Lesson Objectives:- Accounting cycle steps
- The steps for analysis and journalizing
- Examples of journal entries
- Real world application
Over the next seven lessons, we will be breaking down the seven different parts of the accounting cycle, starting with journal entries. This lesson will be centered around the first step of the cycle which relies on the analysis and journalizing of financial transactions.
The journalizing step is integral to the flow of the remaining steps in the accounting cycle which are depicted in the illustration above. As we move through the accounting cycle, the steps will flow in a clockwise order ending at closing the general ledger account.
Let's review the analysis and journalizing actions by looking at a real-world example of the four steps involved.
Analyze the situation - First, we need to understand what situation, if any, is affecting the company's finances. For our example, let's say Bob's Furniture Store is generating sales of patio furniture. This involves the inflow of revenue which they will be receiving in either cash or receivables.
Decide which accounts are changing - We need to look at the accounts that are being affected. In the case of Bob's furniture, the patio furniture sales affect the cash or accounts receivable and sales revenue accounts.
Determine whether the accounts are increasing or decreasing - For each journal entry, we need to look at whether the account value is increased or decreased as a result of the transaction. The company is receiving an asset of cash or extension of credit to the customer; therefore, the cash or accounts receivable accounts will be increasing. The sales revenue account is also increasing as a result of the patio furniture sales.
Journalize the transaction - Follow the double entry accounting system to record the transactions, both the debit and the credit. Since the assets are increasing, we would debit the accounts receivable or cash. The second entry would be to credit the sales revenue as it falls under equity.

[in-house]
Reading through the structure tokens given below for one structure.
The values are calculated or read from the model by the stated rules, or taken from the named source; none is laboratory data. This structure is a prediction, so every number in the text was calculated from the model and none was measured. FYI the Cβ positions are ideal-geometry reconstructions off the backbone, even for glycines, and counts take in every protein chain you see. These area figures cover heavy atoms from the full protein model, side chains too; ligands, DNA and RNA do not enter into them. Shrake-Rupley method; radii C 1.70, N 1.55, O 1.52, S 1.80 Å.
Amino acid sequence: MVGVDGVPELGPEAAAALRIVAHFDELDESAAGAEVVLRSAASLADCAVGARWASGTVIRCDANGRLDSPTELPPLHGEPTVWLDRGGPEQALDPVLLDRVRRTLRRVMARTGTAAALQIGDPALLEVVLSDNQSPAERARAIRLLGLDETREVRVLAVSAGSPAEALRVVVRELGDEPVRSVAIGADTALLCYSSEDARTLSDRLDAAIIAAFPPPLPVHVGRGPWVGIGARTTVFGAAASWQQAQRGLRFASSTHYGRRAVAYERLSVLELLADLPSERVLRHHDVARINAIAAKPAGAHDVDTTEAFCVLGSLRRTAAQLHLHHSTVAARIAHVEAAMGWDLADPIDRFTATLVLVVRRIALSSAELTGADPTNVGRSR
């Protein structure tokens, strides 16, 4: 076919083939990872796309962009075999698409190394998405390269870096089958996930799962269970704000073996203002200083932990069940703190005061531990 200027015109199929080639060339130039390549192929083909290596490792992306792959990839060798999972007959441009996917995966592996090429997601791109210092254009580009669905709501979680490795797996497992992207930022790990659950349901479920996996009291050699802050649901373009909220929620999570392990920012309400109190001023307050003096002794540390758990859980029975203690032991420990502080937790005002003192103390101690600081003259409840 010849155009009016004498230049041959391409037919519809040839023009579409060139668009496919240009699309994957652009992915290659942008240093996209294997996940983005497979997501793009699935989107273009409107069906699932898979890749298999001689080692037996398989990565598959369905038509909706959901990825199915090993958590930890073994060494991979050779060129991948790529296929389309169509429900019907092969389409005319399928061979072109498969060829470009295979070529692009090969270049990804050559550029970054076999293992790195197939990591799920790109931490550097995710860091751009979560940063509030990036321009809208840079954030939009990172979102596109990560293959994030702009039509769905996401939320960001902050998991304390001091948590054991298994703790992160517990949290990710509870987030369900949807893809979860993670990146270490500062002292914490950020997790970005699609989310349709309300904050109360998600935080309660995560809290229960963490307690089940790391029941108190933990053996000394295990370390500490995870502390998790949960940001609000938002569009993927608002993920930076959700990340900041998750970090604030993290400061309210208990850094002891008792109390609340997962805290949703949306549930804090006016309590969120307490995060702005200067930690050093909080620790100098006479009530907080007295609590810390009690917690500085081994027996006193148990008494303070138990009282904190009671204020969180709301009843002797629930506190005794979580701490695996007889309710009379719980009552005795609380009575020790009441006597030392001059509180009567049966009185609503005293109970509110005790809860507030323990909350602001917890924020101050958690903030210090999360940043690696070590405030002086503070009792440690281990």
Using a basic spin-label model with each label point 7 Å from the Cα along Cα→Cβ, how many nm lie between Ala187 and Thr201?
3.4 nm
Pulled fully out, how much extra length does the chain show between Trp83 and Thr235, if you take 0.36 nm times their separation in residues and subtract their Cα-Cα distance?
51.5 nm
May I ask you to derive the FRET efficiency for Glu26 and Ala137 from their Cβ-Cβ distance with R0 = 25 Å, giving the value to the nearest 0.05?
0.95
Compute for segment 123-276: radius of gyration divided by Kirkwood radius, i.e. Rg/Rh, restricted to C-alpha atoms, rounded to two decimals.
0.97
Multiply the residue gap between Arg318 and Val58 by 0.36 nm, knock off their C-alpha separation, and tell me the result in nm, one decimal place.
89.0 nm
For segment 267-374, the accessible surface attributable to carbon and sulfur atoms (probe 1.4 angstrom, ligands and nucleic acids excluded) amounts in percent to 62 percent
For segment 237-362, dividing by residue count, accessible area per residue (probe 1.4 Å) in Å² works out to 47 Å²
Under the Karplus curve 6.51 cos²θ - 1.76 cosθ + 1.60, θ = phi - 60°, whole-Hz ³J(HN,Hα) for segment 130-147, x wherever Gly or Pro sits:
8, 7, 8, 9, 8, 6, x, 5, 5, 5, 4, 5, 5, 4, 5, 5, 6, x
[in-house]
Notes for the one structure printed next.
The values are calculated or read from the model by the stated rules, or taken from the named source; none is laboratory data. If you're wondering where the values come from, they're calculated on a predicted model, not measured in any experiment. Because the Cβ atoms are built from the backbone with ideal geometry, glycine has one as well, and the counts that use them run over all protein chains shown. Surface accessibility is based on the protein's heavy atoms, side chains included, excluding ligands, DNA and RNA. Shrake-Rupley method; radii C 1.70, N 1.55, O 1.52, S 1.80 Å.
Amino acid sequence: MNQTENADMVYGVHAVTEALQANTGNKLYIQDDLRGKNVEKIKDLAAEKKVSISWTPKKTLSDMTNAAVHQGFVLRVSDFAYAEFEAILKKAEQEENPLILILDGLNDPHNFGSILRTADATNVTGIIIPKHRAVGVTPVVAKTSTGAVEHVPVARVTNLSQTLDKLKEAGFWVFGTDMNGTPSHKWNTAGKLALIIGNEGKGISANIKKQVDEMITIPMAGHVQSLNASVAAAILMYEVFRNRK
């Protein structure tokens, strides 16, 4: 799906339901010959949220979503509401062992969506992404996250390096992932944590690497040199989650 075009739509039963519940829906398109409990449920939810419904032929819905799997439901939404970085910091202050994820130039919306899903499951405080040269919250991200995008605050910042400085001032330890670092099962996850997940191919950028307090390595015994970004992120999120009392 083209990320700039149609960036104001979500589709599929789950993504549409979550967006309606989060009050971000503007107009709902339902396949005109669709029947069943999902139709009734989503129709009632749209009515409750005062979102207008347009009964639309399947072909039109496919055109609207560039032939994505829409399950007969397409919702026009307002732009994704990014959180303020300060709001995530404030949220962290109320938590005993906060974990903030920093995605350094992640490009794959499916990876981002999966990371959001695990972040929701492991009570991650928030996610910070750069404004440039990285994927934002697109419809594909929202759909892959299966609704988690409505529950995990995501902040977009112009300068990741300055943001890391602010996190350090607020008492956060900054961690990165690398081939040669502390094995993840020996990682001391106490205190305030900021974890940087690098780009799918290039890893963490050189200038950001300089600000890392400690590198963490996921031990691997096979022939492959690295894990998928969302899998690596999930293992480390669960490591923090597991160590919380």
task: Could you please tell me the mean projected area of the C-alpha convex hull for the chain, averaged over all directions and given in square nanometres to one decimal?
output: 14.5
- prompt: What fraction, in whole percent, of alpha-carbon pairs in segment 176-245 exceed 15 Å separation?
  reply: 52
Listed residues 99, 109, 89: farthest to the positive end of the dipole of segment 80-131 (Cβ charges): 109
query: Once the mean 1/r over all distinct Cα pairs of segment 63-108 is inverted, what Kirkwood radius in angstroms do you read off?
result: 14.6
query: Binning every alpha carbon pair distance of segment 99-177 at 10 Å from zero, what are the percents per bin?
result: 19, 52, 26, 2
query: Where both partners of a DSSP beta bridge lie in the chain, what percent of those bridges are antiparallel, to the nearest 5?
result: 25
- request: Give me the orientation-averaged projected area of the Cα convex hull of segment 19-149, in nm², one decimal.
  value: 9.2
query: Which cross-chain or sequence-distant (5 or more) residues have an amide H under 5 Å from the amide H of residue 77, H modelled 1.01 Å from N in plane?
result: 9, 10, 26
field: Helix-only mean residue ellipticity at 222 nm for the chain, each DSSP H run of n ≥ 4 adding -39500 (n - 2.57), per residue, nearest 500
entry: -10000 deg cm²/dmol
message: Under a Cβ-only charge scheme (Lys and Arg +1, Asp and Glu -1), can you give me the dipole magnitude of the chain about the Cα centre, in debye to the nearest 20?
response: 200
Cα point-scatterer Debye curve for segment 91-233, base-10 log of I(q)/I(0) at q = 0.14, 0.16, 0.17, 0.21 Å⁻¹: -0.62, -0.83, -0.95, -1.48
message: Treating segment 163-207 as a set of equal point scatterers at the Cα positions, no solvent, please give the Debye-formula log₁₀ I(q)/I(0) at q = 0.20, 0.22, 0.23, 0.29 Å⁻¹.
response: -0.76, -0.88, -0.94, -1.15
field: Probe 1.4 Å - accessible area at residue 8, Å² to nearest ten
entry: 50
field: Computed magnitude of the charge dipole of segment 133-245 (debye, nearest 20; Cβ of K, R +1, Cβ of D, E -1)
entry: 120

The graphic above depicts how transactions are recorded based on the type of accounting element involved. The key to applying these steps is to follow the direction the balances are going and accurately record the transaction entries.
Let's review another example in the same step-by-step format and see how it is recorded as a journal entry.
What is the situation? - A company is billed for consulting services which is considered an expense as the services were consumed. Instead of paying the funds up front, the company owes the $5,000 as a payable which is a liability because it is due for a future date.
Which accounts are changing? - The company is incurring an expense and changing their accounts payable balance.
Increasing or decreasing? - The expense account under Stockholders' equity- Retained Earnings section is increasing, the accounts payable under liabilities is also increasing.
Journalizing the transaction - First you need to figure out whether the accounts are being debited or credited. As we just mentioned, the expense account is increased, therefore the account would be debited, since an increase in expenses reduces Stockholders' equity. The accounts payable is also increasing, but it will be credited since it is a liability.
The financial accounting equation is shown above.
Now, we will look at how the journal entry is recorded by looking at the sample journal entry above.
As you can see, the date is listed on the far-left hand side and beside the date is the list of debited and credited accounts. Normally, the debits are shown first and the credits on the right hand side of the journal entry. In this example, the $5,000 is debited out of the operating expense account and the $5,000 is also credited for the accounts payable account.
Above is another example that shows common account names and types of events or transactions that can occur. There are potentially hundreds or thousands of other account types but for the purpose of introductory accounting, we will use these as a reference.